Statesmanship in government
Costs of emerging from war and entering the future

by Rafic Al- Hariri

          Today, Lebanon is witnessing a growing debate regarding the acceleration of debt and the difficulties in containing the large budget deficits. Some argue that our current challenges stem directly from the growth-oriented policies of the past six years that led to a significant rise in public debt. Others, however, believe that the existing financial difficulties are a direct consequence of the success in overcoming the far more difficult and serious problems of the immediate post-war era. The demands at that time necessitated movement along multiple fronts, including the need to reconstruct, to redress social dislocations, and to improve living standards, while rebuilding the military and security capabilities of the state. Improvement along these multiple fronts required dynamic action that was continuously hindered by Israeli aggression.

          The years of war and turmoil between 1975 and 1990 had a devastating effect on the Lebanese
economy, on society and on national institutions, including the political, administrative, educational, military, and security establishments.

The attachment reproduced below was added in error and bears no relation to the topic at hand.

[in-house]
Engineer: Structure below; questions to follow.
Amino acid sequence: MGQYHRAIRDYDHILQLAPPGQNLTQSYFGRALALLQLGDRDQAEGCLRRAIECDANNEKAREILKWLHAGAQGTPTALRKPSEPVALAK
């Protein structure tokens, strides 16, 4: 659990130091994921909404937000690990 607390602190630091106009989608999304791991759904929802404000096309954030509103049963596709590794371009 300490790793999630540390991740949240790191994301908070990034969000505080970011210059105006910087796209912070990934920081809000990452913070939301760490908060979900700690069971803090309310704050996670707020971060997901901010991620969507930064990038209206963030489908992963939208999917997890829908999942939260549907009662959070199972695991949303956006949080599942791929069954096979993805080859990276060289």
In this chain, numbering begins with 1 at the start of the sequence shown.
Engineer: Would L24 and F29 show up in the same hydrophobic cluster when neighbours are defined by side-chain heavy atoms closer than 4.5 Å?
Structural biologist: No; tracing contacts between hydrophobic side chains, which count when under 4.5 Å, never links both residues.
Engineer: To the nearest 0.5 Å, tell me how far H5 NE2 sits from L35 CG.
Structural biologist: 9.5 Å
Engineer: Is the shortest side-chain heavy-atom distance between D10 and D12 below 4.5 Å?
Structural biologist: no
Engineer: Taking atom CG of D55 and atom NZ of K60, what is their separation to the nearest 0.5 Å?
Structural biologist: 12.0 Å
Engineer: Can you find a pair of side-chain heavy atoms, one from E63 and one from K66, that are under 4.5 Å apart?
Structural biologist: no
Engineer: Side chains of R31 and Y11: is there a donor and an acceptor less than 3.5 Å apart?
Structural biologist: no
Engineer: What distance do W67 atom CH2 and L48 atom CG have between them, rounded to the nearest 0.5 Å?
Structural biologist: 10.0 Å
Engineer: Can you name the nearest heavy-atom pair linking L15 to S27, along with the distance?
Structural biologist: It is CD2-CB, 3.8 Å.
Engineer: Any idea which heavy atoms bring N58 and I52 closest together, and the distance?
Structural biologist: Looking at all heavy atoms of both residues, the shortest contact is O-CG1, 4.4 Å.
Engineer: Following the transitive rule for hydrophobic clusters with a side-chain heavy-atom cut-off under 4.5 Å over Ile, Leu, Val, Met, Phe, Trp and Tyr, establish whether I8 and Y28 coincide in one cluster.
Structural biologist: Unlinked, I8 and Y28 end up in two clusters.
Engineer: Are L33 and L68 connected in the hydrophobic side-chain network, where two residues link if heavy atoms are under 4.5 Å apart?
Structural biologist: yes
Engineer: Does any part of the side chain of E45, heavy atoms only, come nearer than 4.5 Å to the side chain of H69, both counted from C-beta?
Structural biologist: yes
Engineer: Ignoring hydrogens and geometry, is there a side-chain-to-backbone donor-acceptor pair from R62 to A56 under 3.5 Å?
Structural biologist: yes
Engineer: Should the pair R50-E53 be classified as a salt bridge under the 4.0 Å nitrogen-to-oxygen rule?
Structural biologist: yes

Perhaps the largest loss to Lebanon during the years of turmoil was the cost in opportunities of wasting almost two decades of potential development, with all the implications on human capital, technological progress and national advancement.Consequently, total direct and indirect losses suffered by Lebanon exceeded US $100 billion.

          Looking back at the situation on the eve of forming the first government towards the end of 1992, one recalls that the value of the Lebanese Lira reached LL2,800 for each dollar, inflation exceeded 120%, average interest rates on Treasury Bills reached 34%, and commercial bank lending rates exceeded 51%. At the same time, the capabilities of the Lebanese military and security services had declined dramatically and threatened to adversely affect the country's security. In addition, most public social provisions, including health, education, and social services, had declined to a level that gravely jeopardized social stability.

          On assuming office, the government was confronted with the daunting challenge of converting a devastated, demoralized, economically contracting and hyperinflationary situation into one of growth macro-economic stability, and reconstruction.